Taking a lesson from the recently-ended three-week faceoff between the two armies, India and China must take the second step towards resolving the border issue as quickly as possible, a senior Chinese Government official has counselled.

The two sides have already settled the guiding principles and agreed on the political parameters on the border question. They now need to press ahead with the framework for negotiations in accordance with the agreed political parameters and guiding principles so as to seek a solution acceptable to both sides, said the official, speaking to the media six days ahead of Li Keqiang’s first overseas visit as Premier.

The first step was completed in 2005 and Special Representatives from both sides have been meeting intermittently to reach an agreement on a framework. The third and final stage will involve the specifics of delineating the border.

‘Isolated incident’

The Chinese official termed the three-week faceoff between two platoon-sized troops that ended this month as “isolated” and opted to describe the gains that accrued rather than explain from the Chinese perspective why it happened.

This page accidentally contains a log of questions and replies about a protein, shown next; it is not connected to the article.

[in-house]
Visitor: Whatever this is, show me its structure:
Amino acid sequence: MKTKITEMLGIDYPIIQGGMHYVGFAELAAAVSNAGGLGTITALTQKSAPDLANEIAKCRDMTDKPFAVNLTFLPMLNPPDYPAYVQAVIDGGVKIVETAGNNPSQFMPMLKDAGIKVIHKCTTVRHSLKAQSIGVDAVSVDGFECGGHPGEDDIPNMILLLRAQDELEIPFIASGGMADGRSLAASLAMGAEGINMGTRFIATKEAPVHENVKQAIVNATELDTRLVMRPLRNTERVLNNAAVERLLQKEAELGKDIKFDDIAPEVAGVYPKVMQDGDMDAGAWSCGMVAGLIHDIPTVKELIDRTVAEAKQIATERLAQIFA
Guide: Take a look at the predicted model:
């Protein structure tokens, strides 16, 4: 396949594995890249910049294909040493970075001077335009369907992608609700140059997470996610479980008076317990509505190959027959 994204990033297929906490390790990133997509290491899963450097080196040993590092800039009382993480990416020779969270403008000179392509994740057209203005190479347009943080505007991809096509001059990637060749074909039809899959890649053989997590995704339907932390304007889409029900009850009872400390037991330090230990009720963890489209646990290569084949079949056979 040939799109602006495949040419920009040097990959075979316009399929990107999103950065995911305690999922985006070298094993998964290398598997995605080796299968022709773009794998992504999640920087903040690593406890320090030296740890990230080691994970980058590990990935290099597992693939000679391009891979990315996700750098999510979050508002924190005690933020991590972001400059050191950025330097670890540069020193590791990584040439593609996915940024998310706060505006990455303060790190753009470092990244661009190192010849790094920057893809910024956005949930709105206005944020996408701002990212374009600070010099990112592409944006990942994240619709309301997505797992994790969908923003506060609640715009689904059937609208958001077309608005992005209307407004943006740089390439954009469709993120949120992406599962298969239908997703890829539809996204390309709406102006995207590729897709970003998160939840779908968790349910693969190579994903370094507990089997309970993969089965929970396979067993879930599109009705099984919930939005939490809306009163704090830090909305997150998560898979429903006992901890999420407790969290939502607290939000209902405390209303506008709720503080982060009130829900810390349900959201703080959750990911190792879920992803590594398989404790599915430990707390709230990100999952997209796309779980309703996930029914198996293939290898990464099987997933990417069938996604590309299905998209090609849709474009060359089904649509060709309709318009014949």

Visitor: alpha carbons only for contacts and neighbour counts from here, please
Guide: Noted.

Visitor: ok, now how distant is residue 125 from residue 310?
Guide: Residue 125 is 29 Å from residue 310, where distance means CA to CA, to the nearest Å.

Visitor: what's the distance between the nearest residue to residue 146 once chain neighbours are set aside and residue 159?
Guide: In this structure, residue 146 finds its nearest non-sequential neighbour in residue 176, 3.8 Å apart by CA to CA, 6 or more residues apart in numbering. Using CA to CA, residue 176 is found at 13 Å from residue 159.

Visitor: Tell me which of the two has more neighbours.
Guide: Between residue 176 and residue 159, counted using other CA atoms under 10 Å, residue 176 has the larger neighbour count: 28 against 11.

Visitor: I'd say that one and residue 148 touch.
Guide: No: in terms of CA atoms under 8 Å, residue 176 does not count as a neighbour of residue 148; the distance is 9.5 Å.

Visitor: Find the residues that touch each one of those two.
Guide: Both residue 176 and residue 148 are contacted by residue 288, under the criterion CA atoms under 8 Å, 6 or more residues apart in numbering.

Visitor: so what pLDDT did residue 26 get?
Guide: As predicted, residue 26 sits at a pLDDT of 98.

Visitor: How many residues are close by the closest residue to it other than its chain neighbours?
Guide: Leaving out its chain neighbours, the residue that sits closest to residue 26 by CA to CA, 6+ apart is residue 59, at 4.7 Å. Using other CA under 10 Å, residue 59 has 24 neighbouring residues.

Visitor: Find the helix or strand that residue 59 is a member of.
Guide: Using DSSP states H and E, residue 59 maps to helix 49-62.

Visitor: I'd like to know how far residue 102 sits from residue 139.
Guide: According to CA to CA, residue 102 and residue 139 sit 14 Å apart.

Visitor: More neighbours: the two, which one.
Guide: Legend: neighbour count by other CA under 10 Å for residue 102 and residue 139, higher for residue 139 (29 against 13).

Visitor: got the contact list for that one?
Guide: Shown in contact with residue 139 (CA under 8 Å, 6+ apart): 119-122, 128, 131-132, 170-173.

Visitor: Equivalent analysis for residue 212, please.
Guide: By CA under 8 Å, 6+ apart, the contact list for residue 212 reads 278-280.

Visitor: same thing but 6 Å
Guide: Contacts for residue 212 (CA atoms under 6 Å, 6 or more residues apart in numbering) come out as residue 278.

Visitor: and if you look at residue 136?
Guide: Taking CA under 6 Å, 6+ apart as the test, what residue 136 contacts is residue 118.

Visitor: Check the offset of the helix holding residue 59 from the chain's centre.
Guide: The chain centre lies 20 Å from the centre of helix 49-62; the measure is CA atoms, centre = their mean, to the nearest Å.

It was encouraging, he said, that the timely deployment of the joint border dispute resolution mechanism and opening of several communication channels had stopped a local issue spreading to vitiate bilateral relations in other spheres. At the same time the border question must not be put on the back burner, he advised.

The official said there were two options: either let the situation spin out of control, cause frictions and drag down the entire bilateral relationship, or keep channels of communications open as was done this time. “We did quite a good job by using the second option. Think about it,” he said.

The Chinese official, here on a familiarisation visit and meet his Indian Foreign Ministry counterparts, felt both sides could make better progress on the border question provided they maintained the momentum in bilateral ties.

“We need to redouble our efforts to push forward the framework for negotiations so that we can reach a fair, reasonable and mutually acceptable solution at an early date,” said Qin Gang, Spokesperson and Director-General of the Information Department in the Chinese Ministry of Foreign Affairs.

However, Mr. Qin, at an interaction with the media, cautioned that “while looking at the important issue of boundary, we have to bear in mind the whole picture of our developing relations. And bear in mind the interest and benefits of good and cooperative China-India relations.”

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